RenaGel, a nonabsorbed calcium- and aluminum-free phosphate binder, lowers serum phosphorus and parathyroid hormone. The RenaGel Study Group

Kidney Int. 1999 Jan;55(1):299-307. doi: 10.1046/j.1523-1755.1999.00240.x.


Background: This multicenter, open-label, dose-titration study assessed the safety and efficacy of RenaGel(R), a nonabsorbed calcium- and aluminum-free phosphate binder, in lowering serum phosphorus. Secondary outcomes were its effects on serum intact parathyroid hormone (iPTH) and serum lipids.

Methods: Phosphate binders were discontinued during a two-week washout period. Patients whose serum phosphorus was more than 6.0 mg/dl during washout were eligible for treatment. RenaGel(R), at starting doses of two, three, or four 440 mg capsules three times per day with meals, was administered to 172 hemodialysis patients for eight weeks. RenaGel(R) could be increased by one capsule per meal every two weeks as necessary to achieve serum phosphorus control. A second two-week washout period followed.

Results: Mean serum phosphorus rose from 6.8 +/- 2.0 mg/dl at prewashout to 9.1 +/- 2.4 mg/dl at the end of the washout period. It then declined to 6.6 +/- 1.9 mg/dl by the end of the eight-week RenaGel(R) treatment period (P < 0. 0001). Serum phosphorus increased to 8.0 +/- 2.2 mg/dl at the end of the second washout period. The mean dose at the end of RenaGel(R) treatment was 5.4 g per day. Eighty-four percent of the patients previously used calcium-based phosphate binders. As expected, calcium declined during the initial washout period when calcium-based phosphate binders were discontinued. Mean serum calcium declined from 9.6 +/- 1.0 mg/dl at prewashout to 9.1 +/- 0.8 mg/dl after washout. It then increased to 9.4 +/- 0.9 mg/dl by the end of RenaGel(R) treatment. Median serum iPTH increased during the two-week washout from 208 pg/ml to 316 pg/ml and then declined to 224 pg/ml at the end of the eight-week treatment period (P < 0.0001 vs. end of initial washout). After eight weeks of treatment, RenaGel(R) reduced mean serum total cholesterol from 171.0 +/- 43.1 mg/dl to 145.0 +/- 38.7 mg/dl (P < 0.0001) and mean serum low-density lipoprotein cholesterol from 102.0 +/- 34.9 mg/dl to 75. 6 +/- 29.4 mg/dl (P < 0.0001). High-density lipoprotein cholesterol, triglycerides, and serum albumin did not change.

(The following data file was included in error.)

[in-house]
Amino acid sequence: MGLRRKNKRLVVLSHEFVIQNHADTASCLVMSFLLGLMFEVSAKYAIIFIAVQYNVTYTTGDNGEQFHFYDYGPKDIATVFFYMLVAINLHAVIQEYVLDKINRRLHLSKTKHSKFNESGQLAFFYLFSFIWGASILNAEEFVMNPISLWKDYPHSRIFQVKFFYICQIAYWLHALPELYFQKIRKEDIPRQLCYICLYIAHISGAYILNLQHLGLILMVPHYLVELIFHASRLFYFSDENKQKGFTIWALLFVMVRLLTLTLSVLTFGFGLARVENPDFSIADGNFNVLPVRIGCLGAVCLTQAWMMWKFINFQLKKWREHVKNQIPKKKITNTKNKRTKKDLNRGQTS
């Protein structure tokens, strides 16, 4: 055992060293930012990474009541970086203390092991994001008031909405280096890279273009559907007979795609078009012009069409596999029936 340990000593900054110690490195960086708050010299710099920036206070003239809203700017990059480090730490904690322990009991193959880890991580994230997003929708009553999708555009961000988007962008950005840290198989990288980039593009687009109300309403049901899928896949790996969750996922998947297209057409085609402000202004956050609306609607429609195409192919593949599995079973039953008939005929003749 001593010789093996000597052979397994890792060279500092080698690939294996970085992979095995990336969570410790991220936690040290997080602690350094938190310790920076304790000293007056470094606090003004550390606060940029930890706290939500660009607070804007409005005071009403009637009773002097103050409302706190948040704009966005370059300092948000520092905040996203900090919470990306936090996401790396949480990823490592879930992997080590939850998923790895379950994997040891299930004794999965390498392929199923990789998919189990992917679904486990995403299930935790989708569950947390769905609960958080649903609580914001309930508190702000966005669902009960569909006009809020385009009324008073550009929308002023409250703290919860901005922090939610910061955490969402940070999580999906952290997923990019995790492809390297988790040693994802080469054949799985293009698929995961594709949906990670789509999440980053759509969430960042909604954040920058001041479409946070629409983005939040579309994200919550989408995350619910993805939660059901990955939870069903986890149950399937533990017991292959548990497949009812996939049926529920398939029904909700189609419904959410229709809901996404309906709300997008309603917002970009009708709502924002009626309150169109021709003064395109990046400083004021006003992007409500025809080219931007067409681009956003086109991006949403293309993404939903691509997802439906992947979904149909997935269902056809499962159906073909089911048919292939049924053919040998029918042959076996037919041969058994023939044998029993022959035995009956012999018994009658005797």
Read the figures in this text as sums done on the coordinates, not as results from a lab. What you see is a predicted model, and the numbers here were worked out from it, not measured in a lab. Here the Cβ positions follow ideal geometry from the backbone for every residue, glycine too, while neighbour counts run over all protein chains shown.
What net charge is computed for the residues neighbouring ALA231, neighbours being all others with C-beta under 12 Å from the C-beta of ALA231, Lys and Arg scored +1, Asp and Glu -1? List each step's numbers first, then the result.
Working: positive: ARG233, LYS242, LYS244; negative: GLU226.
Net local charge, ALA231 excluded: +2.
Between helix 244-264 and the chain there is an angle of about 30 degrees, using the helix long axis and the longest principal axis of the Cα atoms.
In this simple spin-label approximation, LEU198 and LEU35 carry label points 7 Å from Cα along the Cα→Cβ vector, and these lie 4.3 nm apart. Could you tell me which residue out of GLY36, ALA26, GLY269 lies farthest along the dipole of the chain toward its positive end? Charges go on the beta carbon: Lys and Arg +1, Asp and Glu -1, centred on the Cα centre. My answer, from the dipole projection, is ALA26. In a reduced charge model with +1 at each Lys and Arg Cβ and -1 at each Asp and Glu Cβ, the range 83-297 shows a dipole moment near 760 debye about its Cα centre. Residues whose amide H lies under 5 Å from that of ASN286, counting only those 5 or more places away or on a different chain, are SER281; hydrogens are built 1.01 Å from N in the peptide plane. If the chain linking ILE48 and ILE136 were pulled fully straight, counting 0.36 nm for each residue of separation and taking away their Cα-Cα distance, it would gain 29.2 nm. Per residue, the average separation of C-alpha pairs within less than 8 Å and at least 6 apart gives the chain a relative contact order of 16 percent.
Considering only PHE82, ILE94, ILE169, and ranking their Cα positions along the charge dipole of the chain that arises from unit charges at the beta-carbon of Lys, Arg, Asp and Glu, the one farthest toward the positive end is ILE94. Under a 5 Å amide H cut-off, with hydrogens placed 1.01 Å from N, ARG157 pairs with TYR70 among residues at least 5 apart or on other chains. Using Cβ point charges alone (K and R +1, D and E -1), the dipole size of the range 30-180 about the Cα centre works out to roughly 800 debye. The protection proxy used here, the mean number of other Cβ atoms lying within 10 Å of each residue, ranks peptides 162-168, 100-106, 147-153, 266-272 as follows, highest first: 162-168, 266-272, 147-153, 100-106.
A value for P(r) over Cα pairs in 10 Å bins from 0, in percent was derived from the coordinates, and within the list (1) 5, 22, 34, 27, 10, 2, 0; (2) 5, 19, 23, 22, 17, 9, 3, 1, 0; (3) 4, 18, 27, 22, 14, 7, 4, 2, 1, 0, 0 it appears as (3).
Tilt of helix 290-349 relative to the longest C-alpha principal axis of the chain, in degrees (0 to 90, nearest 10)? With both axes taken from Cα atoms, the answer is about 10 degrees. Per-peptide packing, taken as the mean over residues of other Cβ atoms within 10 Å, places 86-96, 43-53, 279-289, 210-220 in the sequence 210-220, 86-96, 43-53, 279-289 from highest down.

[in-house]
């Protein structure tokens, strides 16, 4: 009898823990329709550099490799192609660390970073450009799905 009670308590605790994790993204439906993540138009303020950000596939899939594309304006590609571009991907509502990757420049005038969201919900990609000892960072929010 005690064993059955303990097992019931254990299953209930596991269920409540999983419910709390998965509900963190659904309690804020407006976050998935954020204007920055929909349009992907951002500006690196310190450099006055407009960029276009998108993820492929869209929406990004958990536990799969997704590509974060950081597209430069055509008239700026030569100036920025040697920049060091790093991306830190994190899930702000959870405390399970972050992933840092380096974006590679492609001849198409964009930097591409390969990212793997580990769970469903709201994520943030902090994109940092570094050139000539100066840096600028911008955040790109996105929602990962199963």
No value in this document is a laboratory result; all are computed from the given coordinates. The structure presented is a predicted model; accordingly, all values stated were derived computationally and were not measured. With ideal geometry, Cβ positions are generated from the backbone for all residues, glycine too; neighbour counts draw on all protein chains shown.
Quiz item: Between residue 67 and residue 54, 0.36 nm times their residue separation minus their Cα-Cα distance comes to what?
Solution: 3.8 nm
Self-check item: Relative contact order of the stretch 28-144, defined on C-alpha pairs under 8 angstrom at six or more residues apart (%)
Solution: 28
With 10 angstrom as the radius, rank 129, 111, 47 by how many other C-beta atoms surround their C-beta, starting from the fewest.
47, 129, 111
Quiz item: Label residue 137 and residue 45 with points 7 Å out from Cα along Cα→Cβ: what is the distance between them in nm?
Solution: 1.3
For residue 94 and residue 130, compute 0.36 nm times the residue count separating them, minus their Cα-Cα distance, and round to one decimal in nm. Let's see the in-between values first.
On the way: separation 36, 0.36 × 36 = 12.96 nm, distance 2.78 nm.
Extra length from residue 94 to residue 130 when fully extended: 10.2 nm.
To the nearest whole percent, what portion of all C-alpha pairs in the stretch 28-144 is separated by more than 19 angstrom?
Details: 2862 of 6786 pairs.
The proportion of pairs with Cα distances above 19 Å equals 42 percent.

Conclusions: RenaGel(R), a novel and calcium- plus aluminum-free effective phosphate binder, can control serum phosphorus and reduce the levels of PTH and cholesterol without inducing hypercalcemia or other side effects. Thus, this new phosphate binder may be effective in the treatment of renal osteodystrophy in uremic patients.

Publication types

  • Clinical Trial
  • Multicenter Study
  • Research Support, Non-U.S. Gov't

MeSH terms

  • Adolescent
  • Adult
  • Aged
  • Aged, 80 and over
  • Calcium / blood
  • Cholesterol / blood
  • Female
  • Gels
  • Humans
  • Kidney Failure, Chronic / blood
  • Kidney Failure, Chronic / drug therapy
  • Kidney Failure, Chronic / therapy
  • Lipids / blood
  • Male
  • Middle Aged
  • Parathyroid Hormone / blood*
  • Phosphorus / blood*
  • Polyamines / adverse effects
  • Polyamines / therapeutic use*
  • Renal Dialysis*
  • Safety
  • Sevelamer


  • Gels
  • Lipids
  • Parathyroid Hormone
  • Polyamines
  • Phosphorus
  • Cholesterol
  • Sevelamer
  • Calcium